SYDNEY - Relatives of five journalists killed in the East Timor border town of Balibo in 1975 on Tuesday welcomed a former soldier's "milestone" statement that they were shot by invading Indonesian troops.
Shirley Shackleton, the widow of Australian television reporter Greg Shackleton, said the retired Indonesian colonel's comments shattered Jakarta's "lies" that the five died in crossfire.
"It is a milestone. It's another nail in the coffin of lies," she told Fairfax radio.
Gatot Purwanto, a former special forces commando, told Tempo weekly magazine that the "Balibo Five
" were killed when troops heard gunfire coming from the house where the foreigners were hiding.
The comments contradict Indonesia's long-held position that the reporters -- two Australians, two Britons and a New Zealander -- were killed in gunbattles as Indonesian forces entered the town.
"At that time, when our soldiers were relaxing and sitting around, suddenly there was gunfire from the house," Purwanto was quoted as saying.
"Maybe somebody tried to rescue them. Our soldiers immediately opened fire at the house... all the journalists were then found dead," he said.
Purwanto was reportedly speaking after viewing the film "Balibo", directed by Robert Connolly and starring Anthony LaPaglia, which was banned in Indonesia last week.
Australian Paul Stewart, whose 21-year-old brother Tony was the youngest of the Balibo Five, said Purwanto had shown the Indonesia's official explanation was "absolute nonsense".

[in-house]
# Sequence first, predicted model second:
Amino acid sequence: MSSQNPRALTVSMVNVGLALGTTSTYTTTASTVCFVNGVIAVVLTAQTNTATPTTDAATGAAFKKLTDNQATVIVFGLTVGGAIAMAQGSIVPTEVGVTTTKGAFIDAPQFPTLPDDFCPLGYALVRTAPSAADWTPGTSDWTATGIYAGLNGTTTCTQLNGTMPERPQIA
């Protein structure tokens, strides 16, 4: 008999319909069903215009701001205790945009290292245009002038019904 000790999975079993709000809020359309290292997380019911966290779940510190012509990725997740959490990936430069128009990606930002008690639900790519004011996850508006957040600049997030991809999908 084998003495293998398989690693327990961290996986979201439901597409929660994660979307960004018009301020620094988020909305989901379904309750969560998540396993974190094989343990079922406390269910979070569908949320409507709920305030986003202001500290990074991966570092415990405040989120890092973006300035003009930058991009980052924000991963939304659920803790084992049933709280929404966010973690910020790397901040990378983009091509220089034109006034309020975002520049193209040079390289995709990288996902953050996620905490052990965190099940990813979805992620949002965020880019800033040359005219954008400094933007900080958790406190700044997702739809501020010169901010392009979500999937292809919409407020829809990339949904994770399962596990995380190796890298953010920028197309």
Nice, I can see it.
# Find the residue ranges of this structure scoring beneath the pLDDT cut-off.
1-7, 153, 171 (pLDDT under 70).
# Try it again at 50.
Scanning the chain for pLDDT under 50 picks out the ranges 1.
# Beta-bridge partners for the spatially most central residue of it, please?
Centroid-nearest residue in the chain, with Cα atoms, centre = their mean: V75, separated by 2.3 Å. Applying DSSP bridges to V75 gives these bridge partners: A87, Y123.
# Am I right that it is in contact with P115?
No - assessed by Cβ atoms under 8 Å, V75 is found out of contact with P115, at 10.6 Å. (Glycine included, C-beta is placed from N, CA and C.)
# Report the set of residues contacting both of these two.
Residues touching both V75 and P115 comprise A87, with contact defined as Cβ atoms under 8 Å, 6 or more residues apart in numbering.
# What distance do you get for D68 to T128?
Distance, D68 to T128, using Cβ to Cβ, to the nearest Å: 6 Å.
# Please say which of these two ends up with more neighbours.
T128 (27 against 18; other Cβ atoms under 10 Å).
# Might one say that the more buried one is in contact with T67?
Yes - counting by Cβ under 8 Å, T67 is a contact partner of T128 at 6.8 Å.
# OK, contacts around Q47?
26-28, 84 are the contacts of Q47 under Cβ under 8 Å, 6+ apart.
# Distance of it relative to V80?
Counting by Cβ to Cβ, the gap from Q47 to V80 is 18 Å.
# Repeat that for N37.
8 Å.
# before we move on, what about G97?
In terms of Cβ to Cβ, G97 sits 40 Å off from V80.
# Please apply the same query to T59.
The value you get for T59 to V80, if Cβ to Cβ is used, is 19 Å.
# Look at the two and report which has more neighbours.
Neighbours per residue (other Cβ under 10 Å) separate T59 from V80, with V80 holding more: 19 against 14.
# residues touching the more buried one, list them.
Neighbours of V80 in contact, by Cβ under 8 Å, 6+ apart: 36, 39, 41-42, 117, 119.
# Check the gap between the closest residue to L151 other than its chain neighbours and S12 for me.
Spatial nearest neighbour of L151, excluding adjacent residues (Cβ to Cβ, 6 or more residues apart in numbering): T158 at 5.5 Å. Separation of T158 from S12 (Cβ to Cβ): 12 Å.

"It just goes to show banning the film was probably the worst thing the Indonesians could have done because it's opened up the whole controversy again," Stewart told ABC radio. "It's going to bite them on the bum, big-time."
Purwanto, who was a lieutenant disguised as a local food vendor at the time of the offensive, said Indonesian troops in Balibo were confused about what to do with the reporters.
There was concern that should they be allowed to tell their stories, it would be used as "evidence" of the invasion of the former Portuguese colony which Indonesia wanted to keep secret.
He said the soldiers had not been ordered to kill the journalists, adding that the bodies were burnt for two days to conceal their identities.
"I think he's in deep strife," Stewart said. "He's probably written his own death warrant. The Indonesian generals have never wanted this to come out -- I think this guy might disappear overnight."
Australian police in September launched a war crimes investigation into the deaths after a coroner's report recommended charges against a number of Indonesian military officers.
Former army chief Wiranto is among the senior officers who have been indicted by UN prosecutors over gross human rights abuses during Indonesia's 24-year occupation, which claimed an estimated 100,000 lives.
East Timor gained formal independence in 2002 after a referendum in 1999 voted to split from Indonesia. Its President Jose Ramos-Horta, a former rebel leader, has said at least one of the Balibo Five was "brutally tortured".